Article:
One of the major issues facing traders and investors in the current market climate is the extreme levels of volatility being experienced by all the world’s share market indexes. These extreme levels of volatility are also being experienced in almost all the world futures, currency and commodity markets as traders and investors of all shapes and sizes struggle to come to grips with what is being termed the global financial crisis. This has resulted in huge intraday price swings across all markets as fear and panic grip market participants. Normally level headed and balanced traders are even prone to irrational behaviour under these conditions as they enter and exit trades on a whim or in reaction to news stories and other reports in the press. The day traders and short term swing traders are both benefiting from and contributing to the volatility as they trade in and out of short term moves and patterns.
The chart below provides a clear picture of what is happening in the Australian equity markets. Volatility as measured in percentage terms is approaching levels not seen since the 1987 crash. In 1987 volatility reached just over 12%, today it is around the 10% level. By comparison, during the 1997 correction, volatility was approximately 5.5%, and even the massive sell off following the events of September 11, 2001 saw volatility levels of just over 4%.
A large number of traders are experiencing unprecedented levels of volatility, and really struggling to come to terms with what it all means for both their trading and investing activities. Many have only been involved in the markets through the relatively stable and low volatility period experienced during the bull market that began in 2003 and lasted until late 2007, and as a result, are confused and dazed by the current market volatility. Like a ‘deer in the headlights’ they are stunned by this sudden intrusion, and totally bamboozled as to what to do next.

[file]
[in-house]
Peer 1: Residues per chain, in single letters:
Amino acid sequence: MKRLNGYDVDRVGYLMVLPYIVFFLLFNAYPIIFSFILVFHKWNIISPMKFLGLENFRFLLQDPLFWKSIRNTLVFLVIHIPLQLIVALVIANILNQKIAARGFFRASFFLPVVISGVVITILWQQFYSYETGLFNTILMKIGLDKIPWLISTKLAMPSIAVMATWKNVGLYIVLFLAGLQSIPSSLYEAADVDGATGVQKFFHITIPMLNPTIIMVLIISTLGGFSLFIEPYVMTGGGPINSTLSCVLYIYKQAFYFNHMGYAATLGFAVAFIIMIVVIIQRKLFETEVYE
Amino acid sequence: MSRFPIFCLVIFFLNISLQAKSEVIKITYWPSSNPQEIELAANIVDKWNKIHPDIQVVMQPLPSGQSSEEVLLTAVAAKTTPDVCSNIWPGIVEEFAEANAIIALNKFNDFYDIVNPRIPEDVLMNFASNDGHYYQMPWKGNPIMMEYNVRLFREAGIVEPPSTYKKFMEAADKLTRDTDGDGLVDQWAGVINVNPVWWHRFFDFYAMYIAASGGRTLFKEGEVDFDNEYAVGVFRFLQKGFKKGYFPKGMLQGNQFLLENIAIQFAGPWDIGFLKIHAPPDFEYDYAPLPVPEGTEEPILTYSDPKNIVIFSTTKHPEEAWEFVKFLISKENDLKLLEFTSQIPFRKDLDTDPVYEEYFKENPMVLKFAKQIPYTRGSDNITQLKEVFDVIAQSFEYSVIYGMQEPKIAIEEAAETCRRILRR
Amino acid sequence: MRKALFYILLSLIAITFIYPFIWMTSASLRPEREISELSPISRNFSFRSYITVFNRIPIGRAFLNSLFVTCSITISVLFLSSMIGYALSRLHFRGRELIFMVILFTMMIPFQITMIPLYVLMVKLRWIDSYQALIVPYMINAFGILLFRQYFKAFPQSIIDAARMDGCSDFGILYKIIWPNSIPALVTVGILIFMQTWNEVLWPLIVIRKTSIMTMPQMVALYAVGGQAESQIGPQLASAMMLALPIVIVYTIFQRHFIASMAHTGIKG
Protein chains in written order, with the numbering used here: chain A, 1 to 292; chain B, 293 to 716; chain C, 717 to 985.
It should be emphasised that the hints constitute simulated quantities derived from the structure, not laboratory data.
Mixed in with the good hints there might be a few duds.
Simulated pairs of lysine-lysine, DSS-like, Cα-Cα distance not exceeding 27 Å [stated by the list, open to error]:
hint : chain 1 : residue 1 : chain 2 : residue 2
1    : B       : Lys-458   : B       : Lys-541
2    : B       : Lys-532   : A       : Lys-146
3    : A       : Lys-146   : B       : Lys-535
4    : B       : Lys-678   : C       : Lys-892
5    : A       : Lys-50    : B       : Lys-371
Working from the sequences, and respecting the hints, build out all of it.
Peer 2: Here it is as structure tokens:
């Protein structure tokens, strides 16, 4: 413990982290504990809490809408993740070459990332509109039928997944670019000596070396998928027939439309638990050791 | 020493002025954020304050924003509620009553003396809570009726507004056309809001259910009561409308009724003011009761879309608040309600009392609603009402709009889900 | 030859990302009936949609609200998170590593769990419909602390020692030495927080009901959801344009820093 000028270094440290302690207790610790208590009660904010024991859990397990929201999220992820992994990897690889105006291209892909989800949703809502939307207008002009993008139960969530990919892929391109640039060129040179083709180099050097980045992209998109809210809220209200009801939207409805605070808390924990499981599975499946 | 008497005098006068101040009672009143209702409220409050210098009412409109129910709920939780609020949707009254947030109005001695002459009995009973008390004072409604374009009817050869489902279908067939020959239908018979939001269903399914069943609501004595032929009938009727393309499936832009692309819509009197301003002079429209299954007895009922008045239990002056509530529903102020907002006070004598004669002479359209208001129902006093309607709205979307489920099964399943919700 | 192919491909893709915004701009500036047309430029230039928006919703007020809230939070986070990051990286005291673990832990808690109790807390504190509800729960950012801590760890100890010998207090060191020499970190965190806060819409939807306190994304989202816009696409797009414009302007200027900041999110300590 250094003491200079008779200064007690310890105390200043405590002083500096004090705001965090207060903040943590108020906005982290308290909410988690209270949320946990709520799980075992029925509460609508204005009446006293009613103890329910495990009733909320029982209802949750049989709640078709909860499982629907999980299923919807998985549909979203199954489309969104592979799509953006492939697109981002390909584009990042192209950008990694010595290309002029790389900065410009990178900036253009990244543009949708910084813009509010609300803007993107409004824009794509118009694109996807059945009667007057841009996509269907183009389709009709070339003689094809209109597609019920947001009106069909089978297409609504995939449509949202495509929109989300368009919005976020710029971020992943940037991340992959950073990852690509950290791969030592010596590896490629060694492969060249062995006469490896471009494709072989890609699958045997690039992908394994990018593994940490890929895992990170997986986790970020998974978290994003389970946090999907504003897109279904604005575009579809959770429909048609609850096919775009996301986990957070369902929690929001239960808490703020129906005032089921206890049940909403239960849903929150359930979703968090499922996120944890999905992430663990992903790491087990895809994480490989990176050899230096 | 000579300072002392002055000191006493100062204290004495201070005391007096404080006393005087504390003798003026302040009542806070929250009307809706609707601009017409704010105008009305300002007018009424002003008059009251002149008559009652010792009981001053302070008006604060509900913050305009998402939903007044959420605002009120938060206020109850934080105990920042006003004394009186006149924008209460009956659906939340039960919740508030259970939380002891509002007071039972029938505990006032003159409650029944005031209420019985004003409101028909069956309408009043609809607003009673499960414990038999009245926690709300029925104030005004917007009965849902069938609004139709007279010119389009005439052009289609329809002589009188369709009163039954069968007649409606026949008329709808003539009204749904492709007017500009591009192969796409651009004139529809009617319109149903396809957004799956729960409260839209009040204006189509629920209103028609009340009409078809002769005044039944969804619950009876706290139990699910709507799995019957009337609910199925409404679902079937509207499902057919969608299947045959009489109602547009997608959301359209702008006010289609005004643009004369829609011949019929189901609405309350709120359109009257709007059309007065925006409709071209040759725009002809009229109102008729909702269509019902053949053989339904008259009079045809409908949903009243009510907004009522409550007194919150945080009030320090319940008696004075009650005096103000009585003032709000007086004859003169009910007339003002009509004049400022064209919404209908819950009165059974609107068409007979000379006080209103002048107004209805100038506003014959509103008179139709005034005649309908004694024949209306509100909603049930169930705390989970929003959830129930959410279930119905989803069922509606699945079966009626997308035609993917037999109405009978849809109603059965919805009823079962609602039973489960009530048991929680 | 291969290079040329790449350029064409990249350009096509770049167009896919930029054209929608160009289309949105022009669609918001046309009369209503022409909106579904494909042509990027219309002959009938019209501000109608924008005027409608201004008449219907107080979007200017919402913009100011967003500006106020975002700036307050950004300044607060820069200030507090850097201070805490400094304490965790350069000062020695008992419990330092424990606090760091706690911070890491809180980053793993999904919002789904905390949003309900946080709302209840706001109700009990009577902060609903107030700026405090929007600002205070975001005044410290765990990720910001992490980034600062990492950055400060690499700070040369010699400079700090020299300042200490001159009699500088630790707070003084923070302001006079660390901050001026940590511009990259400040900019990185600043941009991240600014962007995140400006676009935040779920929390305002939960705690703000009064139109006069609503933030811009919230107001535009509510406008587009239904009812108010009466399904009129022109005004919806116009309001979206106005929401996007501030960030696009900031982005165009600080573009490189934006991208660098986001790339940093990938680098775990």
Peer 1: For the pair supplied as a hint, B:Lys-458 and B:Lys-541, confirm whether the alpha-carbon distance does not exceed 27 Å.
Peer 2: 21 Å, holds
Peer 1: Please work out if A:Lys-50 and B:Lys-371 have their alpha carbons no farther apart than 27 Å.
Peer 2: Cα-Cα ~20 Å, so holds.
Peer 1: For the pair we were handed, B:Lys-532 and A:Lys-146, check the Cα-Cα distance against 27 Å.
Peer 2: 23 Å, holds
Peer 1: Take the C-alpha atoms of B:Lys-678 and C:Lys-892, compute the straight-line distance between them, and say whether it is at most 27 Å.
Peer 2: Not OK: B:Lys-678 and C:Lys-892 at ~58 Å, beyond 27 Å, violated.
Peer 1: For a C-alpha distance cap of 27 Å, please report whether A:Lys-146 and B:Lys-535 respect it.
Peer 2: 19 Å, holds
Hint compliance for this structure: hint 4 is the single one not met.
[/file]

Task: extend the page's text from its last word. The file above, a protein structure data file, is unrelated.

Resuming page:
The good news is that the volatility will eventually ‘wash out’ and return to normal levels at some stage. The unknown of course, is when? Following the 1987 crash, volatility took around 8 months to return to pre-crash levels. The fall in share prices then was however much sharper than the current crash. That crash happened over 2 days; this crash has so far taken several months to unfold.
The most important thing to do when trading during volatile times is to not only stick 100% to your trading rules, but to also ensure that your trading plan has a method of reducing your exposure to the market. It’s this lightened exposure that will reduce drawdown in a portfolio and keep the investor ahead of the bench mark.
Mechanical investors have detailed trading plans that consist of market risk evaluation -either LOW or HIGH, money and risk management rules, and strict entry and exit signals for individual trades. It’s the rigor and rules that mechanical investors build out of the market that enable them to execute the plan IN the market.
It is also vitally important to know well before hand what you will do when the volatility does return to normal, lower levels, which it will do. The prepared traders with a trading plan will know well in advance how and when they will re-engage the market and will act with certainty and confidence when the time comes. The unprepared will flop around nervous and uncertain as they wait for more and more ‘evidence’ to support their view, only to miss some great trades and add further to their own confusion.
Mechanical investors will know when the market returns to LOW risk, and will then be able to re-enter the market based on this overall market indicator. The individual trade signals will appear and will be given a position size based on the current risk of the market.
We don’t know for sure when this will occur, but when it does we will be able to re-engage the market with a much higher level of confidence than those traders who are unaware of the impact of volatility, and who are jumping in and out of trades with no real trading plan. An appreciation of volatility and the impact it has both on markets in general, and to the results of individual traders is vital to your long term success as a trader and investor.
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